To give advice that I did not and would not follow myself

(44 Posts)
MaryRobinson Tue 05-Mar-13 22:43:26

But I still think is a good advice.

My friend is doing IVF and has to decide whether to put one or two embryos back in.

The advice is put one back.... But I'm the mother of twins.

2aminthemorning Tue 05-Mar-13 22:49:46

Why is that good advice? I don't see it myself.

pjmama Tue 05-Mar-13 22:50:57

Me neither. I have IVF twins.

midastouch Tue 05-Mar-13 22:51:55

I dont understand how you think it is good advice if you wouldnt do it? confused

MagicHouse Tue 05-Mar-13 22:54:01

I also don't understand why you would see it as good advice if you wouldn't/ didnt follow it?
I don't think either decision is right or wrong, but I imagine it's one she and her partner have to decide entirely for themselves.

ClippedPhoenix Tue 05-Mar-13 22:54:01

Are you a bit overwelmed by having two at the same time. How old are your twins?

Catchingmockingbirds Tue 05-Mar-13 22:54:27

Surely it would be better to put 2 back in?

GreenLeafTea Tue 05-Mar-13 22:54:38

I guess she is saying that twins are hard work and if she could have chosen, in retrospect, a single child would have been a lot easier.

I can see what she means as a friend of mine had twins and she had a very different experience of motherhood as she was so busy. Plus child care costs were so high she had to leave her job. Other things too.

aldiwhore Tue 05-Mar-13 22:55:41

Advice is opinion usually, you gave yours and therefore YANBU for giving it, whether it's wrong or right.

The best advice is usually open ended, that gives a balanced view of the options, it's not so much a 'decision' but a strategy to view all options objectively and based on possible outcomes, for that YABU to give such a definite piece of advice.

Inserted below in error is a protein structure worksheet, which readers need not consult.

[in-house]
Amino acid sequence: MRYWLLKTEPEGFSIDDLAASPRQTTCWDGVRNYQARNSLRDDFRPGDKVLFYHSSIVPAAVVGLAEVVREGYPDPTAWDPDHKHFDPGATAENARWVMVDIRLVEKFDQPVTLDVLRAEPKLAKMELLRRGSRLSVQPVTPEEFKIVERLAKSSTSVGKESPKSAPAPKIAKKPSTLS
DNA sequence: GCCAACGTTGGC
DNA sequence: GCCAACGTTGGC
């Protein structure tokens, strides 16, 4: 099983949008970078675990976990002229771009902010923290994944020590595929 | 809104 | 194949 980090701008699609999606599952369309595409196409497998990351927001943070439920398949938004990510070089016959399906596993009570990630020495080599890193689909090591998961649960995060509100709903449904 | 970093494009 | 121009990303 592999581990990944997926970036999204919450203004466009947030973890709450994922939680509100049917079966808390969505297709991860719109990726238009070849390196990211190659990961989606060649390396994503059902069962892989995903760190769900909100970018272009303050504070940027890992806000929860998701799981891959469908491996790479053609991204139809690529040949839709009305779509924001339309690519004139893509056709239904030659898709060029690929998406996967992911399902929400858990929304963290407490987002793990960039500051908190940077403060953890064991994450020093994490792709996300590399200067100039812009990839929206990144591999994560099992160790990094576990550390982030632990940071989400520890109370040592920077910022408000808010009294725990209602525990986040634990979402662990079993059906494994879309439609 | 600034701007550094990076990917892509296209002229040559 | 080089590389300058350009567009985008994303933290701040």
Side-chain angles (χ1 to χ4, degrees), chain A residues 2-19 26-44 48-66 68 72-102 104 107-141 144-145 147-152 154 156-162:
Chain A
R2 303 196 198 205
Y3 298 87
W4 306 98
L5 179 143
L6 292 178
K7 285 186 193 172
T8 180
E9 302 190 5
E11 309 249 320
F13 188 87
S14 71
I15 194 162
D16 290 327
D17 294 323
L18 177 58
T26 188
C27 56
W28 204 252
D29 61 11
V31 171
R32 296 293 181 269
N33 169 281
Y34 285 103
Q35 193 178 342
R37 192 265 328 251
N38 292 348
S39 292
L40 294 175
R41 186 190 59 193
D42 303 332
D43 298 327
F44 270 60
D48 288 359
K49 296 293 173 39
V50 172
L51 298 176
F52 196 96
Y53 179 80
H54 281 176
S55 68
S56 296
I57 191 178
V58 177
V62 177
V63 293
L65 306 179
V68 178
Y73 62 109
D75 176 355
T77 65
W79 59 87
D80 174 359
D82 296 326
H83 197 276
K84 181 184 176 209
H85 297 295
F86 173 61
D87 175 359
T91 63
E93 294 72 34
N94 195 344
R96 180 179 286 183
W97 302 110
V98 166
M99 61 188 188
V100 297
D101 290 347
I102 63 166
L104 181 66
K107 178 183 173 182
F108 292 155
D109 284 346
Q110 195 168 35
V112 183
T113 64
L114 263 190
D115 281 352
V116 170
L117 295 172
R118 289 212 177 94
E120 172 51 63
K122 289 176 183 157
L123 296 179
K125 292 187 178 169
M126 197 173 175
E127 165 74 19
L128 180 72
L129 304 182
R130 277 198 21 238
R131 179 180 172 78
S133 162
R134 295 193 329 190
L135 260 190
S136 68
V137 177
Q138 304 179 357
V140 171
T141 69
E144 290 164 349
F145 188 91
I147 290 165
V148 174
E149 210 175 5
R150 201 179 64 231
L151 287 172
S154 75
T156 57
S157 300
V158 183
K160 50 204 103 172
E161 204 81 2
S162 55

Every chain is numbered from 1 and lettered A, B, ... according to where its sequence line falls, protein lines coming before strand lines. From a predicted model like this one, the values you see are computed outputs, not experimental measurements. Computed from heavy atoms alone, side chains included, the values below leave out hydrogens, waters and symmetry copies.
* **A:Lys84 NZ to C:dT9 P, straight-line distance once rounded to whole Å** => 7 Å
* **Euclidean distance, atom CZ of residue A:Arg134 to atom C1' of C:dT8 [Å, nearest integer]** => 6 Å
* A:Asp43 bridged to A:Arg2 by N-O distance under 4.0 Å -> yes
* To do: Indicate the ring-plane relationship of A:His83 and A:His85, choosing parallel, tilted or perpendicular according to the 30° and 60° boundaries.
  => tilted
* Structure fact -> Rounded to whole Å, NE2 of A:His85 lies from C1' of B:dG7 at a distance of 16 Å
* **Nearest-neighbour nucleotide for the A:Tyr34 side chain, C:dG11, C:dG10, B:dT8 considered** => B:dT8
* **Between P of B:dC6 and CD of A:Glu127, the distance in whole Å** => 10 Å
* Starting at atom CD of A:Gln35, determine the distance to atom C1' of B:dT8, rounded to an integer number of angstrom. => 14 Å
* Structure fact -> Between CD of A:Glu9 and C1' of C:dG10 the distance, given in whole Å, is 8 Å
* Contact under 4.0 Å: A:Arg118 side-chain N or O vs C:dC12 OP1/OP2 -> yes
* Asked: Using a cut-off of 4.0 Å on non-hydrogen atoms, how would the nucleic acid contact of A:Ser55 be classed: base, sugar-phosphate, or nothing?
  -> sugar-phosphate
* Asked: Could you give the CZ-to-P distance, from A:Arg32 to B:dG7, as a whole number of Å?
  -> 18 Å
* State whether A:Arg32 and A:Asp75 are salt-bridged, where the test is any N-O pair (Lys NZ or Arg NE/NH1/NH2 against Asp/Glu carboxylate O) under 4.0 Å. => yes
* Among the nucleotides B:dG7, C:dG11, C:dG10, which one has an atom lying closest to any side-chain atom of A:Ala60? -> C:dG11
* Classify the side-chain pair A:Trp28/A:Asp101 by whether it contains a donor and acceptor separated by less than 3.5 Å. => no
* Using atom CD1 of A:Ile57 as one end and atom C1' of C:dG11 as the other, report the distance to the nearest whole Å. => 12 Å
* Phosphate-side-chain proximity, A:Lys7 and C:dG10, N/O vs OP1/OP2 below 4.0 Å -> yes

If you simply said "in my opinion, I think option a would be better" YANBU because you've given a clear opinion...

In reference to your title, good advice doesn't always have to be 'what you would do' so for that YANBU.

When it comes to issues like this, I am VERY wary of giving a definite answer, I prefer to simply be a sounding board, devil's advocate on all sides, someone to chew the fat with.

ClippedPhoenix Tue 05-Mar-13 22:55:55

Wow everyone, I'm thinking that the OP is under a bit of pressure here with double everything, please don't do the usual thing on her. Let's ask her if she's ok.

Good ol' 'Do as I say, not as I do'? wink

The evidence is in favour of single embyo implantation. My head knows that really well.
However, I am sure if I were in that position I'd go for 2 blush.

Emotional heart would win over scientist's head. Every time.
So, YANBU.

maddening Tue 05-Mar-13 22:57:12

What fact is your advice based on?

KC225 Tue 05-Mar-13 22:57:48

Knackered mother of IVF twins here - put both back.

Better in than out, not all embryos survive the thawing process.

maddening Tue 05-Mar-13 22:58:45

Oh sorry xposts with pacific.

I think she should speak to her ivf specialist.

ClippedPhoenix Tue 05-Mar-13 22:59:30

OP, posting this in aibu isn't going to help you at all. I understand why you are saying what you are. Let's get it moved to a more mellow area?

Mary, is your advice based on how hard you find dealing with twins?
Or on what evidence has been emerging recently about increased safety for mother and unborn child?

If you are struggling, I am sorry. I have not had twins, other than what I have just learnt are known as 'Irish twins' (12 months between DS1 and DS2). And they had me. On. My. Knees. I actually often wondered whether twins would have been harder or easier? I don't know, and I will never know now. I did go on to have another 2... after a half-decent break of 4 years grin.

I hope you are ok.

Startail Tue 05-Mar-13 23:13:47

YANBU
I thought the advice today was one embryo unless your are older/have had several failed attempts.

The risks to the Mother and the babies are far greater in twin PGs and the early months with twins are unremitting hard work.

The OP has been there and got the Tshirt. I have only watched a DF and her twins from the sidelines.

MaryRobinson Tue 05-Mar-13 23:20:46